Socioeconomic and occupational groups and Parkinson's disease: A nationwide study based on hospitalizations in Sweden

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Objectives: The aim of this study was to investigate whether there is an association between socioeconomic status, occupation and hospitalization for Parkinson's disease (PD). Methods: A nationwide database was constructed by linking the Swedish Census to the Hospital Discharge Register to obtain data on all first adult hospitalizations for PD diagnosed in Sweden during the study period from 1987 to 2004. Standardized incidence ratios (SIRs) with 95% confidence intervals (CIs) were calculated. Results: A total of 8,870 males and 3,724 females first hospitalizations for PD were retrieved during the study period for adults aged 30 and older. Significantly increased SIRs for hospitalization for PD were found for men with high socioeconomic status. Among male occupations, increased SIRs were noted for several occupational groups such as teachers, administrators and managers, farmers, sales agents, wood workers, and painters and wall paperhangers. For female occupations, an increased risk was observed only among assistant nurses. The significant SIRs varied between 1.08 and 1.60. Conclusions: The socioeconomic and occupational groups used in the present study have a relatively small effect on the population's likelihood of hospitalization for PD but could give a notion of future research on specific occupational exposures.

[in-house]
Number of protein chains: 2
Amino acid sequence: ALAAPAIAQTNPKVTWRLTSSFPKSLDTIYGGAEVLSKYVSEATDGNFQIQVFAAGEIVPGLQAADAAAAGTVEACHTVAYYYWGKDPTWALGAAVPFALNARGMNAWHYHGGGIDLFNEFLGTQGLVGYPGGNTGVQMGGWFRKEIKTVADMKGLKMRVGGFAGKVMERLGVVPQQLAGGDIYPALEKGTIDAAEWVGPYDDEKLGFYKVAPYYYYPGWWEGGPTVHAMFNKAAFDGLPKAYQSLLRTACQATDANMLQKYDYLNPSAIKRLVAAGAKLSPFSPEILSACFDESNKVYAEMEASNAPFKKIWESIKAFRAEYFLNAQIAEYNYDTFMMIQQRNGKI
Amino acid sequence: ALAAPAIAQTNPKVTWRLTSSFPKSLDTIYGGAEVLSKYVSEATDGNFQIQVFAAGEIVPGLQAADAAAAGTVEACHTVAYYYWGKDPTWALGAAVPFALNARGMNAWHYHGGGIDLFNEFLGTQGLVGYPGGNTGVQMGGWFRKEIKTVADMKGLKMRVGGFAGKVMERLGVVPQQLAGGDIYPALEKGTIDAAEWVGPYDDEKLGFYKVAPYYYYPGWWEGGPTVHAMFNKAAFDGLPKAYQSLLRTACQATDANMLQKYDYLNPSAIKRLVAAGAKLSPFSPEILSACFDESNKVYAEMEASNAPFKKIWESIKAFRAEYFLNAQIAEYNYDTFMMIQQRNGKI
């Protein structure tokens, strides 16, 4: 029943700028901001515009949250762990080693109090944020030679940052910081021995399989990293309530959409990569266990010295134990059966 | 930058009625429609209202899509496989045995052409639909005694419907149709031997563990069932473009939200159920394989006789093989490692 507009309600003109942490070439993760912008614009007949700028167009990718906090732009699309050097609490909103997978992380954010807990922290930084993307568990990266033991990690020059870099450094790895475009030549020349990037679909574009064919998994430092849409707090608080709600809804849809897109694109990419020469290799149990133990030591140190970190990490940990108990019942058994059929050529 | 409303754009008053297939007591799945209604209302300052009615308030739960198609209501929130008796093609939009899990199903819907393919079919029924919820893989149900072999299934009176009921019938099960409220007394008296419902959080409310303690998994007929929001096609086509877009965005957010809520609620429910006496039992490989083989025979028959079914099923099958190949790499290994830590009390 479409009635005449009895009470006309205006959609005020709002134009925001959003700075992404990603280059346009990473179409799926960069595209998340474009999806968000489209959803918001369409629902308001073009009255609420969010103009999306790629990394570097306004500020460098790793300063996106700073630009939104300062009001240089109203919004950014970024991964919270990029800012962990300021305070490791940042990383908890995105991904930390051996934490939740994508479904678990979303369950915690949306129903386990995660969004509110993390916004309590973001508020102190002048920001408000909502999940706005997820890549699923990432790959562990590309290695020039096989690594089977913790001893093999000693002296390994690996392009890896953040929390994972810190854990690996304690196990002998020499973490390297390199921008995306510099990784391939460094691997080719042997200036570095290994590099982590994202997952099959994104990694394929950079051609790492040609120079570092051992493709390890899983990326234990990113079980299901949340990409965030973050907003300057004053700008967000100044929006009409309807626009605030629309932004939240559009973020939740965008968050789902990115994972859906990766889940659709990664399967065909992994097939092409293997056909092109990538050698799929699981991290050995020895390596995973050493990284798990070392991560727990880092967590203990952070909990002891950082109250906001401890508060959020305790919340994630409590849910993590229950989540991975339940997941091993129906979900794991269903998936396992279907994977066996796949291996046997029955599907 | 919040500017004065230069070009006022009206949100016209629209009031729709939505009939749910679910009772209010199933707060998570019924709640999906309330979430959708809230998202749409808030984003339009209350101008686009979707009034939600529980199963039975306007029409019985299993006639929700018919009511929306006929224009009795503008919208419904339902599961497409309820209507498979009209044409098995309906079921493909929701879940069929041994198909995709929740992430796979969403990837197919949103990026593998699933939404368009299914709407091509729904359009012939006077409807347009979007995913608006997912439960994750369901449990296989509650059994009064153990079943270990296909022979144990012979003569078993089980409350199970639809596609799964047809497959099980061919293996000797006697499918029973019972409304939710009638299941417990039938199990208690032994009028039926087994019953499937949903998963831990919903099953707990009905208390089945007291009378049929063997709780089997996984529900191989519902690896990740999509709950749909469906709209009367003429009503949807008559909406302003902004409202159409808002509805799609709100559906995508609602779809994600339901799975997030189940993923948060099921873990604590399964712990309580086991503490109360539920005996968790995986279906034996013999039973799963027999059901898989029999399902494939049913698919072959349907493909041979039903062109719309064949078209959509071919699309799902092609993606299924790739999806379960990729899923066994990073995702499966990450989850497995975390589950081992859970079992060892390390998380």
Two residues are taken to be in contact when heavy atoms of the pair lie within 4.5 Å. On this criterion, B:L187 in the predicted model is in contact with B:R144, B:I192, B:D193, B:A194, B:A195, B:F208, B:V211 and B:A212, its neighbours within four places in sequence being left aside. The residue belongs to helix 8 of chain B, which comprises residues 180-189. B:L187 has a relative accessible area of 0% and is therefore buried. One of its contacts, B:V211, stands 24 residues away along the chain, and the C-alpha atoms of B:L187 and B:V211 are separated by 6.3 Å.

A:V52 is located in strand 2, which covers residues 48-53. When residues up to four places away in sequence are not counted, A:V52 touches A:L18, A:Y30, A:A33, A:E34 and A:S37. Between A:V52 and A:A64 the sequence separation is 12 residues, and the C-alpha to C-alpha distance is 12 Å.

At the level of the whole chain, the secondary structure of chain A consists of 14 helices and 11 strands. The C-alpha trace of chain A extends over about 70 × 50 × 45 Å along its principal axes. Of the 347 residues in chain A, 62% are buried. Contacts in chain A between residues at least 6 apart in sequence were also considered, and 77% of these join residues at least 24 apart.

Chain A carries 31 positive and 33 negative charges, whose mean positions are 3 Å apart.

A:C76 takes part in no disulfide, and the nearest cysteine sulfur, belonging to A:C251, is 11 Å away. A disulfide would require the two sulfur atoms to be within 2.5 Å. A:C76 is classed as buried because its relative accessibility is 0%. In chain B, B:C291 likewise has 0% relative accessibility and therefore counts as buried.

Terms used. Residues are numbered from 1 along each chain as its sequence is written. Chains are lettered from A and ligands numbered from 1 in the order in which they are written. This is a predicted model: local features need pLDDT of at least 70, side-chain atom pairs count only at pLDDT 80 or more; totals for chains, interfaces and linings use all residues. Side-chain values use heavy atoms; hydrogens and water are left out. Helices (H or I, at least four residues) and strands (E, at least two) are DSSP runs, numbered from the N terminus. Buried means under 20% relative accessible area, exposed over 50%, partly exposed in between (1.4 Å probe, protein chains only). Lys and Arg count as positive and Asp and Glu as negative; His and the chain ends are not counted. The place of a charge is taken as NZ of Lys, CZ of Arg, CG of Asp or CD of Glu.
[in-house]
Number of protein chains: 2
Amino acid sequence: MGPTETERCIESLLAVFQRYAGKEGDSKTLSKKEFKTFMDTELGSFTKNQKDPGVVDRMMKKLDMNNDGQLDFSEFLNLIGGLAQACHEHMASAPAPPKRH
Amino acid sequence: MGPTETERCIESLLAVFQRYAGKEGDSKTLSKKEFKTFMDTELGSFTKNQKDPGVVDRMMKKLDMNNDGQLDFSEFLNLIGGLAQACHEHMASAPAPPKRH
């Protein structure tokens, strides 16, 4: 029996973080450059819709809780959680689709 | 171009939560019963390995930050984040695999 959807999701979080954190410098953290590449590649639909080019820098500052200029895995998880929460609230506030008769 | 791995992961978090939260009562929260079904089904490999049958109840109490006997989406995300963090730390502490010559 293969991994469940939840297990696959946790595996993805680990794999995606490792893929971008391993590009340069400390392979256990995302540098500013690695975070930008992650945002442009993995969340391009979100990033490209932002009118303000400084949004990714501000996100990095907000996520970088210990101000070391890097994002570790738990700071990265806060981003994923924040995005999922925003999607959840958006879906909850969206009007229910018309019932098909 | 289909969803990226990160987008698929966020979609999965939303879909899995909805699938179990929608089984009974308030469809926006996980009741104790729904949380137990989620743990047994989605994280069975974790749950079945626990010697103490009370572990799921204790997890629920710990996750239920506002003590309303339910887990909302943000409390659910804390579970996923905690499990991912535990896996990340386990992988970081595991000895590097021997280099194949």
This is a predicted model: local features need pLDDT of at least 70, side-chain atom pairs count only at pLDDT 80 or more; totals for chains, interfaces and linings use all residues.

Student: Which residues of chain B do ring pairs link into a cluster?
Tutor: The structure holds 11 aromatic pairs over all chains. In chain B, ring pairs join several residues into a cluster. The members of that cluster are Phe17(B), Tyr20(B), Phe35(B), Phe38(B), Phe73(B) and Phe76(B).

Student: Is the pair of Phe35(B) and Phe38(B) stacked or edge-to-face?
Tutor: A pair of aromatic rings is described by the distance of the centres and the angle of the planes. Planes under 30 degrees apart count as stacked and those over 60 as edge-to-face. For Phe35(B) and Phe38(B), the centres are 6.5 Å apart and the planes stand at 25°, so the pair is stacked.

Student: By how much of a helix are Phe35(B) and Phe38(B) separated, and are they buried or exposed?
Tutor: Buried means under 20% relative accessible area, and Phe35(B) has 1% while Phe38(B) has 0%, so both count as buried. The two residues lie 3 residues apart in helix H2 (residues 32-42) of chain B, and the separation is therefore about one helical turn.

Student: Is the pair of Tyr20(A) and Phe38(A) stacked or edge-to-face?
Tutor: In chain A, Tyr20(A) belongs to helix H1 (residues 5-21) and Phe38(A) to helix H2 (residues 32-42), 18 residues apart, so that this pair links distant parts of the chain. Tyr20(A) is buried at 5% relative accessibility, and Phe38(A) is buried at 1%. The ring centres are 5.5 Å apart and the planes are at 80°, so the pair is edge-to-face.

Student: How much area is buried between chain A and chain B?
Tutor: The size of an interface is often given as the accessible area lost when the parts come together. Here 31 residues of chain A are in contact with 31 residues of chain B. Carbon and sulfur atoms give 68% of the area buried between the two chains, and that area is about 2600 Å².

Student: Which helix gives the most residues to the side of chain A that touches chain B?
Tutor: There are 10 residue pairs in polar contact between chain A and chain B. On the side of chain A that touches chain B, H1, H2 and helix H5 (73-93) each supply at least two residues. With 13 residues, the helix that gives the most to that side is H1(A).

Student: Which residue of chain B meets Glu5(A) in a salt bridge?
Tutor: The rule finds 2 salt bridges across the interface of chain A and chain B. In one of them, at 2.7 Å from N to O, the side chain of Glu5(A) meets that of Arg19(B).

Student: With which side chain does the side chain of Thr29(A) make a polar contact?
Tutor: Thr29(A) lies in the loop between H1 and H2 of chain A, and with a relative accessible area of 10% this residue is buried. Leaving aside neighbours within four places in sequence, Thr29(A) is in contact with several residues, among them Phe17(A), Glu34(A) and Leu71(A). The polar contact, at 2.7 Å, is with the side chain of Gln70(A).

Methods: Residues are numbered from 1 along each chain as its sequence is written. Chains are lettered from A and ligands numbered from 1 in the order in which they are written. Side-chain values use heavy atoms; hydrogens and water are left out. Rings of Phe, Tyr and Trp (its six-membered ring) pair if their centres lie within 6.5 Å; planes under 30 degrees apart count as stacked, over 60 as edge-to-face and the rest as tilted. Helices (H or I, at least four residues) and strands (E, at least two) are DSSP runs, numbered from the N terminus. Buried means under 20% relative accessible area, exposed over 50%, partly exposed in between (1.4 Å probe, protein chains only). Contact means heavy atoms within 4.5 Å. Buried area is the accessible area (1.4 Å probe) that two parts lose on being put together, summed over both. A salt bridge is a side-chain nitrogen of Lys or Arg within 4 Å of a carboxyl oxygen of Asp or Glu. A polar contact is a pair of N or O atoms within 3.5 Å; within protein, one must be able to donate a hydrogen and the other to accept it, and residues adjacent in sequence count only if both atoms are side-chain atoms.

Original languageEnglish
Pages (from-to)235-241
Number of pages7
JournalInternational Archives of Occupational and Environmental Health
Issue number2
StatePublished - 2009
Externally publishedYes


  • Follow-up study
  • Occupation
  • Socioeconomic status
  • Standardized incidence ratios


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